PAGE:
After a year and a half at NSF

So, right now this blog is private because I’m very much in the public eye. But one day, when I return to academia, it’ll go public again. So I’ve decided to start writing again today.

Yes, running BIO at NSF is the most challenging job I’ve ever had in my life. I find myself working at, our beyond the level of intensity of my years in grad school in Ann Arbor. The high points are incredible. The low points are devastating. I certainly didn’t expect this type of life for my sixties.

Writing is like exercising. I’m out of practice. So it’ll be slow. But I’m ready to go ahead again.

Scientific writing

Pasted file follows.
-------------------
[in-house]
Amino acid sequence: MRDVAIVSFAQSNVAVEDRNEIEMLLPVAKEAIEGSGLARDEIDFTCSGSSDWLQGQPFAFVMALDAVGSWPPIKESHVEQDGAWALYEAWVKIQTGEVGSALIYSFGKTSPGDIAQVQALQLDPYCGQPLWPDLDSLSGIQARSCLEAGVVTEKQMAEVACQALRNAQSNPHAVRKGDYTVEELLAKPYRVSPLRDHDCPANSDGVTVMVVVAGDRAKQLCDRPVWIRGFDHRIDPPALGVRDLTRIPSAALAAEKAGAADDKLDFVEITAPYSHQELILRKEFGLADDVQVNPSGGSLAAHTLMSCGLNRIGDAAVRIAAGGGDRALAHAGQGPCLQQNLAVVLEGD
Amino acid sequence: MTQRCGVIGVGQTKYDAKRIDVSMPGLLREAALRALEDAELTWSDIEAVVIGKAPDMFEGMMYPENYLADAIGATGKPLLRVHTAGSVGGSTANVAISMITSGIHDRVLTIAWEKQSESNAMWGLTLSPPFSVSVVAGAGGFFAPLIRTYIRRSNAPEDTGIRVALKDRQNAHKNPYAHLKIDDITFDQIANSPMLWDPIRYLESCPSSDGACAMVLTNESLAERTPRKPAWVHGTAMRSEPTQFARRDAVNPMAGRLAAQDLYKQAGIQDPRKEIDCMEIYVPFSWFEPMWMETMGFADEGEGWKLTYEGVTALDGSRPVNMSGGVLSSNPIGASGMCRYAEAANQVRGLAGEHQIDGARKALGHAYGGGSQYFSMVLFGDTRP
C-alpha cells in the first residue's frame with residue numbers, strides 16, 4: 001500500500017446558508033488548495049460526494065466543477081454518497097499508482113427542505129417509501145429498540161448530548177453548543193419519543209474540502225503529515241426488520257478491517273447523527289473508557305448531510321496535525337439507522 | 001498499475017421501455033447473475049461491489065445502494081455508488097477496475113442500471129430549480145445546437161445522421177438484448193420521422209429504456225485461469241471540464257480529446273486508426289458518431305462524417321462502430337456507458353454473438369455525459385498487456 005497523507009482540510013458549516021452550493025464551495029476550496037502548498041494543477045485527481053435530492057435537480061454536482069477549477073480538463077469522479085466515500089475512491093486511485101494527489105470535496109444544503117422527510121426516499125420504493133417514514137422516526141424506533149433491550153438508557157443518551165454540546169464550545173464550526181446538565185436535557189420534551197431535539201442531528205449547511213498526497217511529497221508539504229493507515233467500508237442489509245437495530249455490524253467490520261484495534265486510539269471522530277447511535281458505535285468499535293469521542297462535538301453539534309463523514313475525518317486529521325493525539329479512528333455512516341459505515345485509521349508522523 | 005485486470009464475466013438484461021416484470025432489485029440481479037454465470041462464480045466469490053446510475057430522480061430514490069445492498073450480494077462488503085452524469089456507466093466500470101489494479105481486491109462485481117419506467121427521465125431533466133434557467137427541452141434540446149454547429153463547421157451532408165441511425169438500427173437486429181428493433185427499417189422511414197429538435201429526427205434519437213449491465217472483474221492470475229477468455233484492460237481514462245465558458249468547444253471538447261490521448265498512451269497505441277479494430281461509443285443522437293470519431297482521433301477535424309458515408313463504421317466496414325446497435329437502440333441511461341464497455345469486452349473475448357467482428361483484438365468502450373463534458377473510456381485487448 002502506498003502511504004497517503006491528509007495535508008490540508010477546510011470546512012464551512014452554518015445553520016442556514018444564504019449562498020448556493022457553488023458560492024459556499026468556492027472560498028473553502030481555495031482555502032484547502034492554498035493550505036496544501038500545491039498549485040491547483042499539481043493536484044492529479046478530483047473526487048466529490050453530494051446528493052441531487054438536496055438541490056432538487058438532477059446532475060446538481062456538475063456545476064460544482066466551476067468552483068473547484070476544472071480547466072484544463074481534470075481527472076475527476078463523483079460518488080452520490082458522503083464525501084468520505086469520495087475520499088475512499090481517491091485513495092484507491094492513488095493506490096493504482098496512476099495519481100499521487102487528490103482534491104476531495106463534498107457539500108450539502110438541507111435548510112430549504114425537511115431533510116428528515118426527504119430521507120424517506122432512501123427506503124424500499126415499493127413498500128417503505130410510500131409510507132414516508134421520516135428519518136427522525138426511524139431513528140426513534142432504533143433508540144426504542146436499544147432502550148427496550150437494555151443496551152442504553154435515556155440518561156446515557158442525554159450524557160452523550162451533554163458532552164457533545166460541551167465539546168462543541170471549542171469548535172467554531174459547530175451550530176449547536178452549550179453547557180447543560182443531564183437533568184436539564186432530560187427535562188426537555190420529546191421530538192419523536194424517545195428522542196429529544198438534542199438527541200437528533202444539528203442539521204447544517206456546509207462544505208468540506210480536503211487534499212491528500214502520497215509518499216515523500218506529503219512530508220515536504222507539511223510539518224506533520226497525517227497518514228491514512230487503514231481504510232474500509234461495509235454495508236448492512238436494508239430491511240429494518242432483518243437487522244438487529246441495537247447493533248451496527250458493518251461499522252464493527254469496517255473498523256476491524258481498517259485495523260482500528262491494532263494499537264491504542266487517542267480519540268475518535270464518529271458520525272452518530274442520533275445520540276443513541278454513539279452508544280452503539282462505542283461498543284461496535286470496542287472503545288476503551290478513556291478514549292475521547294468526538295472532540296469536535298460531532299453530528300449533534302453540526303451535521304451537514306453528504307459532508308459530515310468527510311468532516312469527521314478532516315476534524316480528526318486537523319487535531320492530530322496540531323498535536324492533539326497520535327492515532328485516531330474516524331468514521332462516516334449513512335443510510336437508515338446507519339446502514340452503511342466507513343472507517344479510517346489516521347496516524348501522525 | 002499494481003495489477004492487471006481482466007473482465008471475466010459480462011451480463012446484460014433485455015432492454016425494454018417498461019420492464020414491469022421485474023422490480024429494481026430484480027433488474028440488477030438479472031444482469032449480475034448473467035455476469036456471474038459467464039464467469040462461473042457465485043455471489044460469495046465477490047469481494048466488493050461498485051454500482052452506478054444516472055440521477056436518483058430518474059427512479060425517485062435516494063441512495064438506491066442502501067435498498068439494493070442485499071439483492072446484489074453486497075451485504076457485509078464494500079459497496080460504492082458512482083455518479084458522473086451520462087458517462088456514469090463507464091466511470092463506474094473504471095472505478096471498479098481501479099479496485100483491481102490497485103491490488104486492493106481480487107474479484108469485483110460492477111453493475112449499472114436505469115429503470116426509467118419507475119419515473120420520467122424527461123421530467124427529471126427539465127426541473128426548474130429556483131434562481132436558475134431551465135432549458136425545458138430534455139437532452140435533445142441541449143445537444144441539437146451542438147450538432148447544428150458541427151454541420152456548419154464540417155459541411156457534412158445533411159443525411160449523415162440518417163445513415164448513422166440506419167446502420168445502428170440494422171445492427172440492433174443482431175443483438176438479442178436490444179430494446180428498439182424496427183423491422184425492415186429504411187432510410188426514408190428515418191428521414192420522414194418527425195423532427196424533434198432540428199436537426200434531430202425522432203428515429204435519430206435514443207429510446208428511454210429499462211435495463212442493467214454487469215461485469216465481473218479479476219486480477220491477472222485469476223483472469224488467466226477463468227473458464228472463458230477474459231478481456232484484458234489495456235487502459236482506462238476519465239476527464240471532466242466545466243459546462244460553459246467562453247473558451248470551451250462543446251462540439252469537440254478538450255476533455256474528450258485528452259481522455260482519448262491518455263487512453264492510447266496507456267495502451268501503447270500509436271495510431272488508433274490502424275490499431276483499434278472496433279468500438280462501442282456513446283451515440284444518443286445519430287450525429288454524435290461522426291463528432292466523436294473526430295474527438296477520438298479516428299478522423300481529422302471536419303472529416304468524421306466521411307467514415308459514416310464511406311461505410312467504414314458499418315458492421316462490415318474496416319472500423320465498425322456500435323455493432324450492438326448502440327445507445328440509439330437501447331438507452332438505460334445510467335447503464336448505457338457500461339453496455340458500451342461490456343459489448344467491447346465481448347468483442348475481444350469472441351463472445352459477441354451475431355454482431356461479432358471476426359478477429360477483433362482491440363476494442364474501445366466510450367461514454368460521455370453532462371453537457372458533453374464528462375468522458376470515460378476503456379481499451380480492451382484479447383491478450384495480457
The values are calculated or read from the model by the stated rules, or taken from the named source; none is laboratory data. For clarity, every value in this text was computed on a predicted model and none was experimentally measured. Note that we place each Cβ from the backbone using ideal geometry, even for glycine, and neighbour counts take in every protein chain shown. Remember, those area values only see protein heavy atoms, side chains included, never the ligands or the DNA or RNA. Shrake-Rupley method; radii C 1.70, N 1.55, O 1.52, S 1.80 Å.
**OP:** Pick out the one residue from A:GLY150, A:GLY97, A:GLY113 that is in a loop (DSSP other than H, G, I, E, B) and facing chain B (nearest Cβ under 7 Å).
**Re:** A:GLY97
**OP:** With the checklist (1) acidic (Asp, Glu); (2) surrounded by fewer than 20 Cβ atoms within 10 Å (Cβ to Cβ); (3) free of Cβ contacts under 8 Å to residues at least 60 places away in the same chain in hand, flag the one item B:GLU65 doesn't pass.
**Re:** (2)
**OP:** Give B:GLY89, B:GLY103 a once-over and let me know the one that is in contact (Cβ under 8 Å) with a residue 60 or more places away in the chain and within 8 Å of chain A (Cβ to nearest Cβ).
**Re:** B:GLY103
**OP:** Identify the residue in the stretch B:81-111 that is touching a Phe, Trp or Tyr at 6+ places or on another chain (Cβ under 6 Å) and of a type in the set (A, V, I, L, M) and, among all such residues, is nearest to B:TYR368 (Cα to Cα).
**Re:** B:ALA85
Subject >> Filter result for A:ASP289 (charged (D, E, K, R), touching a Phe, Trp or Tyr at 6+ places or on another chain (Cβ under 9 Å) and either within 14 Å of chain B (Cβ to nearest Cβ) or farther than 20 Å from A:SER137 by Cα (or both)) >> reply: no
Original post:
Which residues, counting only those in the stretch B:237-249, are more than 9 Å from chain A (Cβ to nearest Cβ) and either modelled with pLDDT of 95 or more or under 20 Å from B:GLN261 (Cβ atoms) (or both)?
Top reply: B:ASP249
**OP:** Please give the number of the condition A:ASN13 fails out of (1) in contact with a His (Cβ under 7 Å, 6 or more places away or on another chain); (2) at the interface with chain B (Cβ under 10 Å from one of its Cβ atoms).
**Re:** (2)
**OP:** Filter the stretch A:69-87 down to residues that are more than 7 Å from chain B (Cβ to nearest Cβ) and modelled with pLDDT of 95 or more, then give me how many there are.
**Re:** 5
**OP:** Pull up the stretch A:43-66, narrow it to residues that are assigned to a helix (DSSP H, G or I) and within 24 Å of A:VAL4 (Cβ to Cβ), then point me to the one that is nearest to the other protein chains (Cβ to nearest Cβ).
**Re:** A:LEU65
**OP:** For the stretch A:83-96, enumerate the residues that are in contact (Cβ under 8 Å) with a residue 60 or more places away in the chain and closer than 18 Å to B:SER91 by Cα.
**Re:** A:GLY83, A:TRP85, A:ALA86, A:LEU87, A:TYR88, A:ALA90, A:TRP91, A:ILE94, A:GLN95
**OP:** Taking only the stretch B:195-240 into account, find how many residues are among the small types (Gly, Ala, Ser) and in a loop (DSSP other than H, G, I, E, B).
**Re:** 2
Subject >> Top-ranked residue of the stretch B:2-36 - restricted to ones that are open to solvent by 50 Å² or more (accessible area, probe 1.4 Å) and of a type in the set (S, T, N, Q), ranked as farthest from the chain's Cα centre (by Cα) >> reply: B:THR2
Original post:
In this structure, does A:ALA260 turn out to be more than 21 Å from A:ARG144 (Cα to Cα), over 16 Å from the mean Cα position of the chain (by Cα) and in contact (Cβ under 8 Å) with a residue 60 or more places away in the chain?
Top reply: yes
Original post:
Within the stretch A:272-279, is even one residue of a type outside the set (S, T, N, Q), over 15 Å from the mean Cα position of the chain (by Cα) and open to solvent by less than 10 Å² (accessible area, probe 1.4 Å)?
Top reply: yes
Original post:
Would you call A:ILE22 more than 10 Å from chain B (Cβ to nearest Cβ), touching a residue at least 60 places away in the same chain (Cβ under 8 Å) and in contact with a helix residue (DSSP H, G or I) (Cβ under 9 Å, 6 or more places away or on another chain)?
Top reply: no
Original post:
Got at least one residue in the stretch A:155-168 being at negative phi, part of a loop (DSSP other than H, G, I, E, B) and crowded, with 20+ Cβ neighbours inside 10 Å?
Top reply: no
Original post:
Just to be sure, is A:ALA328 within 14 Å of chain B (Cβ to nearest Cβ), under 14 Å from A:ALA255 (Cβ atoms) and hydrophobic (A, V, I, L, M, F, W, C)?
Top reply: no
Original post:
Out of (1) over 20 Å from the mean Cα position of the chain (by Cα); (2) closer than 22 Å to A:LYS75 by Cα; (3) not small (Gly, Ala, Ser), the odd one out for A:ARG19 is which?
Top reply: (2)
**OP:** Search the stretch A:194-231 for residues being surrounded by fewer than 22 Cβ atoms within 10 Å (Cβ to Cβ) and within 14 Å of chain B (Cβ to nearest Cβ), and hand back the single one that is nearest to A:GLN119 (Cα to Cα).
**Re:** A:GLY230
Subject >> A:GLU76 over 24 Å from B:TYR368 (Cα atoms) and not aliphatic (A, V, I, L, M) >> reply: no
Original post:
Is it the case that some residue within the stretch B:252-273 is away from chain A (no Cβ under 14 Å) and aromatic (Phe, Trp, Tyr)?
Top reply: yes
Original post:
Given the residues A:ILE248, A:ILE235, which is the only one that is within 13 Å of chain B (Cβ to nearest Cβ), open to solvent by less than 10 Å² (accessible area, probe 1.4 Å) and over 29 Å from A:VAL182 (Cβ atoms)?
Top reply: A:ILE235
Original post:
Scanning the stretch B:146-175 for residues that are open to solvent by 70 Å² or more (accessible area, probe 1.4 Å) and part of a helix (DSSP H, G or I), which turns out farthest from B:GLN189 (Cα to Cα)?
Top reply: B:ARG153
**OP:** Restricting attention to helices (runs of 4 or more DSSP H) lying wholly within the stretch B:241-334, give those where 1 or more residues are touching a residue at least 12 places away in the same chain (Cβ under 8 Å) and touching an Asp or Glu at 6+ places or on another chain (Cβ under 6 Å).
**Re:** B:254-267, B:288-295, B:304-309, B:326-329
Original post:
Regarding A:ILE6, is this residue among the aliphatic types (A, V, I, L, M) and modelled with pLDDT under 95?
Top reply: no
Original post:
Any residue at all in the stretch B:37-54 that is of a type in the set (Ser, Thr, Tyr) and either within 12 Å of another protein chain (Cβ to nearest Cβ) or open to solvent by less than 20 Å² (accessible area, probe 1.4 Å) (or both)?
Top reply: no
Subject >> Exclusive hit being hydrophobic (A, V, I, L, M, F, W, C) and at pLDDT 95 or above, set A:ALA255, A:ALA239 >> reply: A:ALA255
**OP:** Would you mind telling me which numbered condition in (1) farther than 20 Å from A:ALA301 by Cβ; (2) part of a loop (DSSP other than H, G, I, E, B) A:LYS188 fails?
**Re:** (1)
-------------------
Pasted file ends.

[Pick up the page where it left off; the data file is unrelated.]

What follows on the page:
One of my students commented today in class on how hackneyed and boring scientific writing is (passive tense and all). I retorted that one might say the same thing about java code or C++, but we don’t because it’s understood that the rules and syntax are required to get the source code to compile. In fact source code that is considered aesthetically pleasing or beautiful gets its qualities, not from its “beauty of language” but rather from its clarity (documentation) and the underlying originality of the pseudo-code.

In the same way, scientific writing gets its beauty from an ability to convey scientific information (lit review, methods, results, discussion) in a clear fashion. The writing itself is not where the originality is. Rather, like iceberg lettuce (which is only a carrier for creamy salad dressing), scientific language is only a carrier for the underlying scientific expression.

Jim